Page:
In fact, it turns out that QAnon especially appeals to women.

And this is why, in addition to being a Jewish issue, QAnon is an unrecognized feminist one as well.

Many of today’s far-right movements are testosterone-driven—think Proud Boys and Oath Keepers—replete with muscular imagery. QAnon, on the other hand, attracts women—especially mothers—associated with Trump’s “base”: White, Christian, and not college-educated. Likely what happened is that women seized on those aspects of QAnon content that fed preexisting fears—pedophilia, for example—and made it their own. Within the broad anti-trafficking movement, there has always been a moralistic streak, and this movement seizes on that.

Women are organizing anti-child-trafficking rallies, and posting like mad using #Savethechildren and its countless hashtag variants (#childtrafficking, #DefundHollywood, etc.), where they rant about how Joe Biden is a pedophile, and claim that the Etsy site sells child porn.

QAnon content has also been creeping into yoga and wellness sites, where you can now find posts in girly fonts about Covid- 19 being fake news, and how vaccinations are really a government-led attempt to kill your children—all against backgrounds of pale soothing colors. Argentino, the Concordia University researcher, calls this phenomenon “pastel QAnon.”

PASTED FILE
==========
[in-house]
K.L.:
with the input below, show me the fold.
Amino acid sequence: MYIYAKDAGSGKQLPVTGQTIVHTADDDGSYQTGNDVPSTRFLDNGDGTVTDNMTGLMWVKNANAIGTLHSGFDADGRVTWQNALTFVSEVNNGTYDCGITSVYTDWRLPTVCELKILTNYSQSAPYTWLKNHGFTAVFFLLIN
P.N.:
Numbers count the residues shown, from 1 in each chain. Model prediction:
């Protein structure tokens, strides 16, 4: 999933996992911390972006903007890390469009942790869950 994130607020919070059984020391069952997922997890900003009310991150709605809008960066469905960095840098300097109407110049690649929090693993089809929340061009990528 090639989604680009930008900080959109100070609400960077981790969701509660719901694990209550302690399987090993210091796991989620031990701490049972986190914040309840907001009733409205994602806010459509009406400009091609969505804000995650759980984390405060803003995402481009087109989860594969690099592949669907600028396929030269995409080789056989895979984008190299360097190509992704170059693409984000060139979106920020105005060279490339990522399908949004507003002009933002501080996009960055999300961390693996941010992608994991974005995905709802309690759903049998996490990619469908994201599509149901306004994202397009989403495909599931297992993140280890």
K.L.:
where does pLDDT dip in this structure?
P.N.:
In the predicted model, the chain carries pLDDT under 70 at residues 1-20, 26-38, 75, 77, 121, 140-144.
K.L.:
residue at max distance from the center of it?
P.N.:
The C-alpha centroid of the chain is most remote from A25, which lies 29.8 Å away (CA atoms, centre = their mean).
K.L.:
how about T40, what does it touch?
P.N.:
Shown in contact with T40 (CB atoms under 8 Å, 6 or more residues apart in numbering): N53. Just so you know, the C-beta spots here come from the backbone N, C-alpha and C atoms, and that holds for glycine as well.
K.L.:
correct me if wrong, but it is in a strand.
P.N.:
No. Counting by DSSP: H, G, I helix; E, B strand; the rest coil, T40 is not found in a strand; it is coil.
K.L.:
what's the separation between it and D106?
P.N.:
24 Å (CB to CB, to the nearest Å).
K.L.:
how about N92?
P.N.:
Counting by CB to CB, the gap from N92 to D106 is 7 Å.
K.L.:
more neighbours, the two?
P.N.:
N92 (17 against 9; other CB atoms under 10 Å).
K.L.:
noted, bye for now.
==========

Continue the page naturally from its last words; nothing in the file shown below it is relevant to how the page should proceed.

“These influencers provide an aesthetic and branding to their entire pages, and they in turn apply this to QAnon content, softening the messages, videos and traditional imagery that would be associated with QAnon narratives,” Argentino wrote on Twitter in September. “This branding is the polar opposite of ‘raw’ QAnon.”

In 1930s Germany, women went crazy for Hitler, and the Nazi Party specifically targeted them through their propaganda machine. Six weeks after Hitler took power in 1933, an exhibit entitled “Die Frauen” opened in Berlin, and Hitler’s propa- ganda minister Joseph Goebbels gave a speech. “This is the beginning of a new German womanhood,” Goebbels said. “If the nation once again has mothers who proudly and freely choose motherhood, it cannot perish. If the woman is healthy, the people will be healthy. Woe to the nation that neglects its women and mothers. It condemns itself.” At this time of extreme anxiety throughout the world, when misinformation gets transmitted via social media in one second, it bears repeating that the Nazis used whatever media they had at the time to broadcast their vile message. They used children’s books, posters, movies, board games.

How primitive such media seem today! Yet they managed to convince Germans of the necessity of a Final Solution to the Jewish “problem.”  So even if Twitter made it easy for Trump to whip up the angry masses, history teaches us that without it he would have found other ways to spread his propaganda. Last week’s terrifying events may force social media platforms to get their act together–but QAnon is not going away.